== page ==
# Antiderivative of arctan

The following formula holds: $$\displaystyle\int \mathrm{arctan}(z) \mathrm{d}z = z\mathrm{arctan}(z) - \dfrac{1}{2}\log \left(z^2+1 \right)+C,$$ where $\mathrm{arctan}$ denotes the inverse tangent and $\log$ denotes the logarithm.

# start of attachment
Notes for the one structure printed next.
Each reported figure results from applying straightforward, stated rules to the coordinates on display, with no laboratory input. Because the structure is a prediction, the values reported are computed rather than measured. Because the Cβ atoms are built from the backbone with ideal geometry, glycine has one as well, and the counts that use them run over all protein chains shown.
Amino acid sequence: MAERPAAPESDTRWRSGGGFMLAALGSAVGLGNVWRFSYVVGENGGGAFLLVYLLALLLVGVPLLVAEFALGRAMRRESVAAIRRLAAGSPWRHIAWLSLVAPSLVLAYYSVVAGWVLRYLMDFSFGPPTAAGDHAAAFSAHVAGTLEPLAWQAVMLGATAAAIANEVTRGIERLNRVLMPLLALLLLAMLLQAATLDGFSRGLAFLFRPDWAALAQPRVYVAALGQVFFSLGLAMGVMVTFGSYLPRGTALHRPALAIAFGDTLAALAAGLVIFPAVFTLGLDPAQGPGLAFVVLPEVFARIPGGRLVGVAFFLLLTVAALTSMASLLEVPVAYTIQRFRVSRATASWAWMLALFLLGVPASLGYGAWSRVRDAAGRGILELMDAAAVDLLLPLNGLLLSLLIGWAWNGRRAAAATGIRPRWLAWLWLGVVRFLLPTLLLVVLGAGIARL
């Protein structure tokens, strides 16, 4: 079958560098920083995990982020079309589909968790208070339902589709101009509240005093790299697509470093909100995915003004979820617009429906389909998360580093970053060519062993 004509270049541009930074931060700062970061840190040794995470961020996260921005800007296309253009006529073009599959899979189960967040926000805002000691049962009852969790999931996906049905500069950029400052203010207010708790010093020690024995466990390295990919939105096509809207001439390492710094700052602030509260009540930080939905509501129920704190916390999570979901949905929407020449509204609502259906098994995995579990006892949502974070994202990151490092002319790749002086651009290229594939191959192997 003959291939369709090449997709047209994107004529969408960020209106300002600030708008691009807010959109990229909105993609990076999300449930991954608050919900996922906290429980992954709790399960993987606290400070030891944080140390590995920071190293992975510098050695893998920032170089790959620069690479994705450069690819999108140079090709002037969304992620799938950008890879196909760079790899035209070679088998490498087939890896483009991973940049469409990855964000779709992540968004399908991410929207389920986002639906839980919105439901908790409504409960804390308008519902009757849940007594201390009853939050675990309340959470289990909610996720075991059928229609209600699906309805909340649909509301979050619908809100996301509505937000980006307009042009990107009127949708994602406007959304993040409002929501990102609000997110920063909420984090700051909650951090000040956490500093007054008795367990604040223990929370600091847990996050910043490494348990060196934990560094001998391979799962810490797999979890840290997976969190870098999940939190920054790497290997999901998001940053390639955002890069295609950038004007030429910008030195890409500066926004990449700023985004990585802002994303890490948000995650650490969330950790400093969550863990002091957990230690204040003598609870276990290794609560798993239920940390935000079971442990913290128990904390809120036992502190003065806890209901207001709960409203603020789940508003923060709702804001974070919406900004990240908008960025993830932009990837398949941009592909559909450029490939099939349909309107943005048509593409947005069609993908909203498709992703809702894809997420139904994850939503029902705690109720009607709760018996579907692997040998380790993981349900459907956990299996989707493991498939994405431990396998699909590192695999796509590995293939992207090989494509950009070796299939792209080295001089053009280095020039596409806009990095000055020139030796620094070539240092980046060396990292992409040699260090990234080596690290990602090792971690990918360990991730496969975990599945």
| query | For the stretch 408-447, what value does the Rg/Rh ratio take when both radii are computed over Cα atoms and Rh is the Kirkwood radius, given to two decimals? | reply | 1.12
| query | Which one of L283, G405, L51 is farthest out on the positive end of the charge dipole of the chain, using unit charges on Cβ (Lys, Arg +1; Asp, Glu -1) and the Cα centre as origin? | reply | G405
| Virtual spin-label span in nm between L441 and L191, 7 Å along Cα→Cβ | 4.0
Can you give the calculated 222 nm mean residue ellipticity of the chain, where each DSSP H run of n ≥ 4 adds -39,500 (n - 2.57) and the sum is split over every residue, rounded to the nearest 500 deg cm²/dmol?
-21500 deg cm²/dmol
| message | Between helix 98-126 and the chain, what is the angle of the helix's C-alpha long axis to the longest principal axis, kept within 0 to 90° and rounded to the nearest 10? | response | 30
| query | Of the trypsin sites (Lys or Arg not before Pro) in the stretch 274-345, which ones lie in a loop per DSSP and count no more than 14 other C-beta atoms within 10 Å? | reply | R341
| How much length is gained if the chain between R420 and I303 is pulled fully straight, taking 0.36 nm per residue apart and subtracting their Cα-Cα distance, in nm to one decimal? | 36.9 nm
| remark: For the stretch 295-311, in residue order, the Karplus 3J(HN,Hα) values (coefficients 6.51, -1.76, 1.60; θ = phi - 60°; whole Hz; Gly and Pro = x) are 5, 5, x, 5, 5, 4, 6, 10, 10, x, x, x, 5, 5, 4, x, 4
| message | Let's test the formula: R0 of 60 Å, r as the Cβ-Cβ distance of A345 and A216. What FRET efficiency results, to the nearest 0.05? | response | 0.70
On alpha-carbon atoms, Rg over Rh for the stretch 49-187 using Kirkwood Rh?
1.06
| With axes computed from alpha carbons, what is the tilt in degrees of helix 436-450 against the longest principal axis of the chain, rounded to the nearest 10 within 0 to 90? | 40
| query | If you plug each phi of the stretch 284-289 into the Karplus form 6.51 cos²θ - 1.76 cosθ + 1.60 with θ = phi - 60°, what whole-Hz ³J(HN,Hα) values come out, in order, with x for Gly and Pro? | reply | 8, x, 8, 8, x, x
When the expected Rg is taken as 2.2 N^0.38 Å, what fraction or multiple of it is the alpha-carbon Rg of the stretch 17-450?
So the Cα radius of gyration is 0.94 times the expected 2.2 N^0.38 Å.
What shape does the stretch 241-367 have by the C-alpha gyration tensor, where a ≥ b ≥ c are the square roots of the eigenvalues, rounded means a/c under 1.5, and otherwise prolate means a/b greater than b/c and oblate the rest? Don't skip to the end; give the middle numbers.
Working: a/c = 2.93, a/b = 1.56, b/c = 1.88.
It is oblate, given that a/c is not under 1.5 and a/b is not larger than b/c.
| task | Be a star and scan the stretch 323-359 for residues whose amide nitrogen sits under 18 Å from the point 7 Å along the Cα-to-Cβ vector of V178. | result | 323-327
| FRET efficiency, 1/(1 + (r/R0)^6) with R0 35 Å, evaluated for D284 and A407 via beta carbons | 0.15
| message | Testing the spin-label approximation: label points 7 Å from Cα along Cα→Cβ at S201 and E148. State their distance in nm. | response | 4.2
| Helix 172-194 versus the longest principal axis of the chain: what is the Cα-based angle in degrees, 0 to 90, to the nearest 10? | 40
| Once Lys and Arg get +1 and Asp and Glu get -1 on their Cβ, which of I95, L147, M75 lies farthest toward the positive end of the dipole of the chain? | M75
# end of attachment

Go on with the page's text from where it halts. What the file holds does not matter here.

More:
Let $u=\mathrm{arctan}(z)$ and $\mathrm{d}v=1$. Then $v=z$ and because of the derivative of arctan, $\mathrm{d}u=\dfrac{1}{z^2+1} \mathrm{d}z$. Therefore using integration by parts, $$\displaystyle\int \mathrm{arctan}(z) \mathrm{d}z = z \mathrm{arctan}(z) - \displaystyle\int \dfrac{z}{z^2+1} \mathrm{d}z.$$ To evaluate the remaining integral, let $w=z^2+1$ so that $\mathrm{d}w=2z \mathrm{d}z$, i.e. $\dfrac{1}{2} \mathrm{d} w = z \mathrm{d}z$ and we see using the derivative of the logarithm, $$\displaystyle\int \mathrm{arctan}(z) \mathrm{d}z = z \mathrm{arctan}(z) - \dfrac{1}{2}\displaystyle\int \dfrac{1}{w} \mathrm{d}w = z \mathrm{arctan}(z) - \dfrac{1}{2} \log(z^2+1) + C,$$ as was to be shown.